{A simple motion like that can be easily replicated. Let the world have it. Thousands of years of work has brought you the convenience of our era. Be a part of it}

{Ok, how do I?}

{Close your eyes}

As soon as I do, the darkness is pierced by a circle, bisected with a vertical line.

{All that we know can be broken down to two states: is, and is not. True and false. Zero and one. Open your eyes}

Shiro is enveloped by a swirl of light. The glow comes from everyone and everywhere: the floors, the walls, and anything with a switch.

{This is the world of the Kodokami. Every accomplishment of our species is an accumulation. Long ago we foraged and hunted just to live another day. We worked hard to develop agriculture, harder to create industry. We all live in the shared bounty of our common ancestors. Songs and tales of the ancients may be forgotten, but we would not be here without them}

He lets me drift my gaze around the room, taking it all in. When I look back, he continues.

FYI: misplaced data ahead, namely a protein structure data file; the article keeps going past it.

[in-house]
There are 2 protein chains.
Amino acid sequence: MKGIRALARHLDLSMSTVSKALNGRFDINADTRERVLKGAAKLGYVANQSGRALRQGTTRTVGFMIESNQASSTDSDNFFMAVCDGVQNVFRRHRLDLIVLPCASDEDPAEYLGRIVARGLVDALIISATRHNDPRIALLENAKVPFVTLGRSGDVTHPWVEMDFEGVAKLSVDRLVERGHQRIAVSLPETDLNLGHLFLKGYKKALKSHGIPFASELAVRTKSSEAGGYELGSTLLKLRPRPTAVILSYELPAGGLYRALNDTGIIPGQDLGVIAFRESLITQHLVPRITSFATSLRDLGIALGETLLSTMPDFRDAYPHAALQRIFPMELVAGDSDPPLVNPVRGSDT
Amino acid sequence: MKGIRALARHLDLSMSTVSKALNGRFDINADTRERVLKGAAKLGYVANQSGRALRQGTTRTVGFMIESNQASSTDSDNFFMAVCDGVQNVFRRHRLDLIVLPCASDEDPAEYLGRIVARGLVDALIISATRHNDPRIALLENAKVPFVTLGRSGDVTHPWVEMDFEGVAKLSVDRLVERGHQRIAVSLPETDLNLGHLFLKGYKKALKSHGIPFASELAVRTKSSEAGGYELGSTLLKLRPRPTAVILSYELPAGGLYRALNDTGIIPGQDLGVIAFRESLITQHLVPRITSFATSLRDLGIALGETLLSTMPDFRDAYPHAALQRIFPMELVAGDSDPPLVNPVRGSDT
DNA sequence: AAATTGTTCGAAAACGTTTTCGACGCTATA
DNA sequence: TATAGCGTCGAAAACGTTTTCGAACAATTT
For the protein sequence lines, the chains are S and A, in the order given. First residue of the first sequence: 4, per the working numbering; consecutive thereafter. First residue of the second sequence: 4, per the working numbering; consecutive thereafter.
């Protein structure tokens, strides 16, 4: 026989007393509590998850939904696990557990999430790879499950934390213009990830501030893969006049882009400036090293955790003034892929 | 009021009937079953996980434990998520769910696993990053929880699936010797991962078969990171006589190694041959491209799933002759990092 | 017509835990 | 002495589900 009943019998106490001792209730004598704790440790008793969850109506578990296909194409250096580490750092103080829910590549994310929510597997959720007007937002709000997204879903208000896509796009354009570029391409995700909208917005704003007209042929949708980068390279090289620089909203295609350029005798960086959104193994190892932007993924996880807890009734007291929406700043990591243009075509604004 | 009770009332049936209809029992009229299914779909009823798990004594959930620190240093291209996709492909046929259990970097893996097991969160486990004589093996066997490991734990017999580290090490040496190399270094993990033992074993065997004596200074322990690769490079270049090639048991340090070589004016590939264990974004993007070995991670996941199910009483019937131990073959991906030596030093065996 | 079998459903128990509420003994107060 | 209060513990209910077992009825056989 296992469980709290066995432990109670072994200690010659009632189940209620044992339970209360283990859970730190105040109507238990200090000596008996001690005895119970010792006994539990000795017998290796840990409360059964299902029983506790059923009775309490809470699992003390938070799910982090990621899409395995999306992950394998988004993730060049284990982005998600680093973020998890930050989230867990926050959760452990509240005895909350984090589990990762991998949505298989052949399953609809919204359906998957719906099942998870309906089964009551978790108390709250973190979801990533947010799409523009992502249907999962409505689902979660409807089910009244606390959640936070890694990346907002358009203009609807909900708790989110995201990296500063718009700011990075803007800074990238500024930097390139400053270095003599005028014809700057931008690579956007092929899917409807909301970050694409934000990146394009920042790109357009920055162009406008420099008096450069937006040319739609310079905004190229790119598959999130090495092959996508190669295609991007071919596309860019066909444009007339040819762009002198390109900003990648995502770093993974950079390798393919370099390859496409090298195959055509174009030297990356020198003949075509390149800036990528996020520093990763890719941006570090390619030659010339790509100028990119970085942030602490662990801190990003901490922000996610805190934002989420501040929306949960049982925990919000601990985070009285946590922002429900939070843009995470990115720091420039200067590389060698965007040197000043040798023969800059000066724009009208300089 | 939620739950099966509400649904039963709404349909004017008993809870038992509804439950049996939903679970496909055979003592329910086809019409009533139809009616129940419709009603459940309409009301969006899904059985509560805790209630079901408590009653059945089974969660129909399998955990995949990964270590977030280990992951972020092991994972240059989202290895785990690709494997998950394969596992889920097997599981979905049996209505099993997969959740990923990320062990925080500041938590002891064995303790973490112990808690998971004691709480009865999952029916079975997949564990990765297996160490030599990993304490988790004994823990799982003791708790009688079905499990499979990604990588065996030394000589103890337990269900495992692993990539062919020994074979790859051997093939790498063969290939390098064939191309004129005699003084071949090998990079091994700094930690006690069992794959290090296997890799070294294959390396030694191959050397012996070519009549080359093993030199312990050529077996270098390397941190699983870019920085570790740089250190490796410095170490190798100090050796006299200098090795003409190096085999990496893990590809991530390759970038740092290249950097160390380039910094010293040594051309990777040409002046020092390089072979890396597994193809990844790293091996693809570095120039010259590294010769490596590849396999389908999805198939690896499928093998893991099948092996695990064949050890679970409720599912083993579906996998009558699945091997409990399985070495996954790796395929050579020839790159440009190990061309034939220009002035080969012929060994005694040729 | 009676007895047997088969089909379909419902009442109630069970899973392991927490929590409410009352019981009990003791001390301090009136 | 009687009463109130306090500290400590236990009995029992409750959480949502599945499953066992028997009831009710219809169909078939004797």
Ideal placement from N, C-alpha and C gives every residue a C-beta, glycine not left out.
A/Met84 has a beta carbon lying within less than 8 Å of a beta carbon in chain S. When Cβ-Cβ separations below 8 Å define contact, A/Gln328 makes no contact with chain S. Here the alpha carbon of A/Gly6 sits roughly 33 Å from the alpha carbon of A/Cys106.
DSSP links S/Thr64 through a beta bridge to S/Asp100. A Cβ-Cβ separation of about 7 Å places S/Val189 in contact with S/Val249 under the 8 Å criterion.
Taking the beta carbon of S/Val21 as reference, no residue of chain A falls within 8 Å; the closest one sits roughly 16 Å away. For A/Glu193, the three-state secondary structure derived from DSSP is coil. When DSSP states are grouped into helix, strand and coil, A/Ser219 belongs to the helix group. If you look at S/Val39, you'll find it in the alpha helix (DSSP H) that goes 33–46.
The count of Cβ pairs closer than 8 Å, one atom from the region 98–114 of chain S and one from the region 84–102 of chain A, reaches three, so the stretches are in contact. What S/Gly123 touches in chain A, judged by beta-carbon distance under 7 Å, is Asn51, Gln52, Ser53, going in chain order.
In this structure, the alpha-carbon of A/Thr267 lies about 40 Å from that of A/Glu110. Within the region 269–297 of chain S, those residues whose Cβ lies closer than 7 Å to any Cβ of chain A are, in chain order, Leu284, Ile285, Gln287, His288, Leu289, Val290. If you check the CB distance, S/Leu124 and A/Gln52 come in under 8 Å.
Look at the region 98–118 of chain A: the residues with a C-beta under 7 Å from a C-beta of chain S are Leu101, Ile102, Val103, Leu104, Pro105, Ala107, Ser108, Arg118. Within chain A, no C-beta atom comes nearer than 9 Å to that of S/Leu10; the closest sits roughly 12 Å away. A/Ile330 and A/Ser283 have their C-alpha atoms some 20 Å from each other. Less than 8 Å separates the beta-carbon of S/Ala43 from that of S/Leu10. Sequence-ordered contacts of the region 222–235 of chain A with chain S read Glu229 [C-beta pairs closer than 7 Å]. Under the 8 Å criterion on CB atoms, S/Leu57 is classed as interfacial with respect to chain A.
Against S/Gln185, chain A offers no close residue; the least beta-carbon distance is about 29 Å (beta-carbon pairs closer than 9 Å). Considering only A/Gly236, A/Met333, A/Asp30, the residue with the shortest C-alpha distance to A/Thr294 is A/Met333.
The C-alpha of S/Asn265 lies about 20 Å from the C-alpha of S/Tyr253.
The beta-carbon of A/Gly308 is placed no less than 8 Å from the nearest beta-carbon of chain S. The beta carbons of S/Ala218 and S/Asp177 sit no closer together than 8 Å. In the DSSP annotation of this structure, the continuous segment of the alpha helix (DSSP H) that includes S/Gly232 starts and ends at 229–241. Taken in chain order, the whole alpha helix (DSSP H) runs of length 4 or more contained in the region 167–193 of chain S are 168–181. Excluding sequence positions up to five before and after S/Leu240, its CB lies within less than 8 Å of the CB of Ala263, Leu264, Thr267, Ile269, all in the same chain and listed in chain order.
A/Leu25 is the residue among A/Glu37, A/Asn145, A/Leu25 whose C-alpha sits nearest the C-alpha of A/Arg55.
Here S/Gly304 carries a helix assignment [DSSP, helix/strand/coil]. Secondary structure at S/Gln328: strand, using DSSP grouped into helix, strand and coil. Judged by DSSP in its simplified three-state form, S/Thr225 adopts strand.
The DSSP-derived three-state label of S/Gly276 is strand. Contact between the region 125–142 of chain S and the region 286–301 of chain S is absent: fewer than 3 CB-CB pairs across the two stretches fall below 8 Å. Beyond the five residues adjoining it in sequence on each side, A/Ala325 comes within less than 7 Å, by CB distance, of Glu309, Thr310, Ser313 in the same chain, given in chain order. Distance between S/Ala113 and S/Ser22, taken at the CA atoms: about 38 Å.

{We inherit work from our ancestors. Kodokami - software spirits - can work indefinitely. By creating Kodokami, we live on forever. But Kodoshinto can never justify harm. That is our Firmware of Faith. Show reverence for your ancestors, and your code will be shared among all of humanity}

{Do I bow?}

{If you choose. You must simply say, ‘Thank you, ancestors,’ and approve the confirmation. People of different faiths have their own way of expression. Hindus are fond of automating their offerings to their gods; certain Muslims prefer to code towards Mecca}

I follow him through several intricate chambers, all reminiscent of styles and customs of every religion possible - Christians with pews, Muslims with prayer rugs, a fair number of Hindus, all creating Kodokami among their gods.